In order for healthcare professionals to do that, they want more evidence-based research. That will not come cheap, though. Rigorous, high-quality studies are expensive and must be well-designed-but they are not cost-prohibitive, especially if we know that the payoff is increased physician recognition and more product use. At CRN, we are starting to bring together academic researchers who want to investigate the effects of supplements with companies who make those products and want to see sound, objective research performed on these ingredients that will stand up to industry critics. This is a long-term effort, but one with tremendous potential rewards.

The second group is health insurers. As much as doctors influence consumers’ thinking about their own health and methods to help stay healthy, insurers also have the ability and the responsibility to help consumers understand the role supplements can play in good health. Insurers often determine what protocols will be followed, what diagnostic tests will be performed, and what specialists can be accessed. But even more importantly, health insurers are becoming a primary source of healthcare information for consumers.

As insurers try to change unhealthy behaviors and incentivize healthy ones, they are finding creative ways of communicating with their insureds-through websites and newsletters to PDA messaging and daily e-mail reminders. More and more, insurance companies are shaping consumers’ views of how to get and stay healthy.

At CRN, we have begun to partner with America’s Health Insurance Plans (AHIP) to communicate the benefits of supplements to these insurers. After all, if we can help keep their patient populations healthier, they lower their costs. By inviting their representatives to our events, participating in their educational programming, and promoting our research to insurance companies, we can influence how they discuss supplements with their members. Wouldn’t it be great if some of the major insurers started encouraging supplement use as part of their wellness toolkits?

Now, some have suggested that what we need is full insurance coverage for dietary supplements. I’d offer a few words of caution here. If you think doctors are data-driven creatures who insist on well-controlled clinical studies before they will recommend a product, then just talk to an insurance company about its coverage decisions. We will need a lot more research that demonstrates cost-savings before we are likely to see widespread coverage of supplements in formularies. And another reminder: insurance coverage usually means that the payers will insist on the lowest-cost alternative. In an over-the-counter marketplace with a wide disparity between premium brands and generic offerings, having insurance companies pushing their insureds toward the lowest-cost alternative may not be in the best interest of the marketplace. I’d rather see insurers recommending supplement usage generally and then allowing consumers to select the brand of their choice.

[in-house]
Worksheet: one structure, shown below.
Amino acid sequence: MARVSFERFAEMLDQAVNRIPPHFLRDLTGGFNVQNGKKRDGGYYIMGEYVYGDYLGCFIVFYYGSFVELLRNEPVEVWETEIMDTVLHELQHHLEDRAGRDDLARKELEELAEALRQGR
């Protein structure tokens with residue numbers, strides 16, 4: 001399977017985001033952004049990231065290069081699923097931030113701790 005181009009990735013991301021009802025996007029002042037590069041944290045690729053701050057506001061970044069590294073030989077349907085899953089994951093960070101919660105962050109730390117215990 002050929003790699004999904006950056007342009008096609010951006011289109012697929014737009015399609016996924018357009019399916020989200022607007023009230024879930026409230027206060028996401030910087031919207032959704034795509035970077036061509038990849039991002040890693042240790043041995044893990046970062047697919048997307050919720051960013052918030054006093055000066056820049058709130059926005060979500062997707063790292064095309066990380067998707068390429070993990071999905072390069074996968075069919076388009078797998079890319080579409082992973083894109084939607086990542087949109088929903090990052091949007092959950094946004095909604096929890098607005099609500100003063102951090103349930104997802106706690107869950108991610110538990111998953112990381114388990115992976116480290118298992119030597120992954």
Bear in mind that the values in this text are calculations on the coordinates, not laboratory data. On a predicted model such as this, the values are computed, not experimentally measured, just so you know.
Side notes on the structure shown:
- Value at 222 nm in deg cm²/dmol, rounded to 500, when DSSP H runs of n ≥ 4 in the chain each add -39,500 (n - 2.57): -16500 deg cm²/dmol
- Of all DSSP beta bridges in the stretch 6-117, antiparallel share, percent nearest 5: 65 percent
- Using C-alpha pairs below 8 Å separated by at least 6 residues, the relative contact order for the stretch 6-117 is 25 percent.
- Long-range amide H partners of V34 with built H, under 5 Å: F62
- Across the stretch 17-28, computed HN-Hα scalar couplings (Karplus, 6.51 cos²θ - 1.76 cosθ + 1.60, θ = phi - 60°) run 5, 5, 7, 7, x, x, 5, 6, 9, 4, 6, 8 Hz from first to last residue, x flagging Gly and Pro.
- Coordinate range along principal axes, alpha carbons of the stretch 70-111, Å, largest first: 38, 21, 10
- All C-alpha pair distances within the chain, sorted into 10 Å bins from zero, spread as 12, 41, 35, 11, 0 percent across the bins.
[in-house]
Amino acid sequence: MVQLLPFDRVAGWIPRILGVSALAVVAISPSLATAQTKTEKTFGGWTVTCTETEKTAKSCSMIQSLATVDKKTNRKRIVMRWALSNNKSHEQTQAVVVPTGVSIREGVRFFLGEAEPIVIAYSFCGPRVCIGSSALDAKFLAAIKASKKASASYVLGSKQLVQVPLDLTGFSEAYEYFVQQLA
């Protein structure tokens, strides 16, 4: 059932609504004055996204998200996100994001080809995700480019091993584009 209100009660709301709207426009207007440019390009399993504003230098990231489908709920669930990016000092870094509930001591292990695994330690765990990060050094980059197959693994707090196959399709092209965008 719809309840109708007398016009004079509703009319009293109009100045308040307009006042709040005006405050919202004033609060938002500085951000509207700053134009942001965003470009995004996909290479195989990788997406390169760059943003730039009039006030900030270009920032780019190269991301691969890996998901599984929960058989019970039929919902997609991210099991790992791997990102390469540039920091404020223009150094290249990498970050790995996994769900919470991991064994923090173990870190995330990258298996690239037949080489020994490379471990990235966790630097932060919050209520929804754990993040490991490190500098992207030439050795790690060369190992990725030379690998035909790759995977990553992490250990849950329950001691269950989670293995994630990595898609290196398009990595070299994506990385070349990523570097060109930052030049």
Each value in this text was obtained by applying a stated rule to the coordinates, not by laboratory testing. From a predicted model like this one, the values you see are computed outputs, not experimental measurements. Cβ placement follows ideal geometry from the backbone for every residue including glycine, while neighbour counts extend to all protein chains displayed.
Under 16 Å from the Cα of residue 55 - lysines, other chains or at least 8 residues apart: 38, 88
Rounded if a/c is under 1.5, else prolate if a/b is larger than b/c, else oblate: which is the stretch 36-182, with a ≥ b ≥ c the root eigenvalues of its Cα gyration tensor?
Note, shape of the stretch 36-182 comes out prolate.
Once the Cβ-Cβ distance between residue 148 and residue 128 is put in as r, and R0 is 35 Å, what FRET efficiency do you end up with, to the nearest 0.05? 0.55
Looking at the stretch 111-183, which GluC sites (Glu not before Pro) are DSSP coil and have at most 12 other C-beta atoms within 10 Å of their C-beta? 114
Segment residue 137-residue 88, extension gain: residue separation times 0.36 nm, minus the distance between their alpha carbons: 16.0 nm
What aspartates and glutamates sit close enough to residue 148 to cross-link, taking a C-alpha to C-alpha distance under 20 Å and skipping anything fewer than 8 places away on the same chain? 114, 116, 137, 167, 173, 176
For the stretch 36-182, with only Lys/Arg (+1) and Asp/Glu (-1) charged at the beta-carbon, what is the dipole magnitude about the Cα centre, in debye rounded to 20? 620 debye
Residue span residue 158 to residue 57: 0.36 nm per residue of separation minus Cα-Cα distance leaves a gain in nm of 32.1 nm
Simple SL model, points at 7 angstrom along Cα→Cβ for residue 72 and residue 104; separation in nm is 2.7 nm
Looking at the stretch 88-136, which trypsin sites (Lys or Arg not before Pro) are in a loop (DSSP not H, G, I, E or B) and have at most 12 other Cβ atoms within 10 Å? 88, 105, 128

Regardless of your views on coverage, however, I think we can all agree that if we want to ride the prevention train, engaging with healthcare insurers and convincing them of the value of supplements will be critical to the trip.

Lastly, we must also focus on employers who, more than ever, are searching for ways to keep their employees healthy. They see not only the effects of higher insurance premiums, but the effects of absenteeism, lost productivity, and business disruptions that result from health crises in their work forces.

Like medical professionals and insurers, employers will want good research to justify including supplements in their wellness program. But again, the payoffs are substantial. Imagine if a major big-box retailer encouraged all of its employees to take a multivitamin every day, or if a leading software producer urged its 30,000 workers to begin a supplement regimen for heart-healthy benefits, or if a major defense contractor incorporated recommended bone and joint supplements into its exercise and weight-loss programs. Supplement companies could develop couponing programs, or discounts for employees of these firms, or affinity programs specific to a particular employer. The supplement maker gets increased sales, the employer touts the program as a wellness benefit for its staff, and the employees reap the health benefits of including supplements in their wellness regimens (and save a few dollars at the drugstore).

My point is this: supplement manufacturers and traditional supplement users have known for a long time that including supplements in a health regimen promotes wellness, helps reduce the risk of chronic disease, and in some cases, can actually help improve quality of life for people managing disease. We’re at a crossroads in this country (or, continuing my train metaphor, a track turntable). Dietary supplements are uniquely positioned to benefit from this change if we identify the key audiences for our message, develop sound research to support our claims, and can position our products as contributing to a healthier lifestyle. Will we jump on this train, or let it pass us by?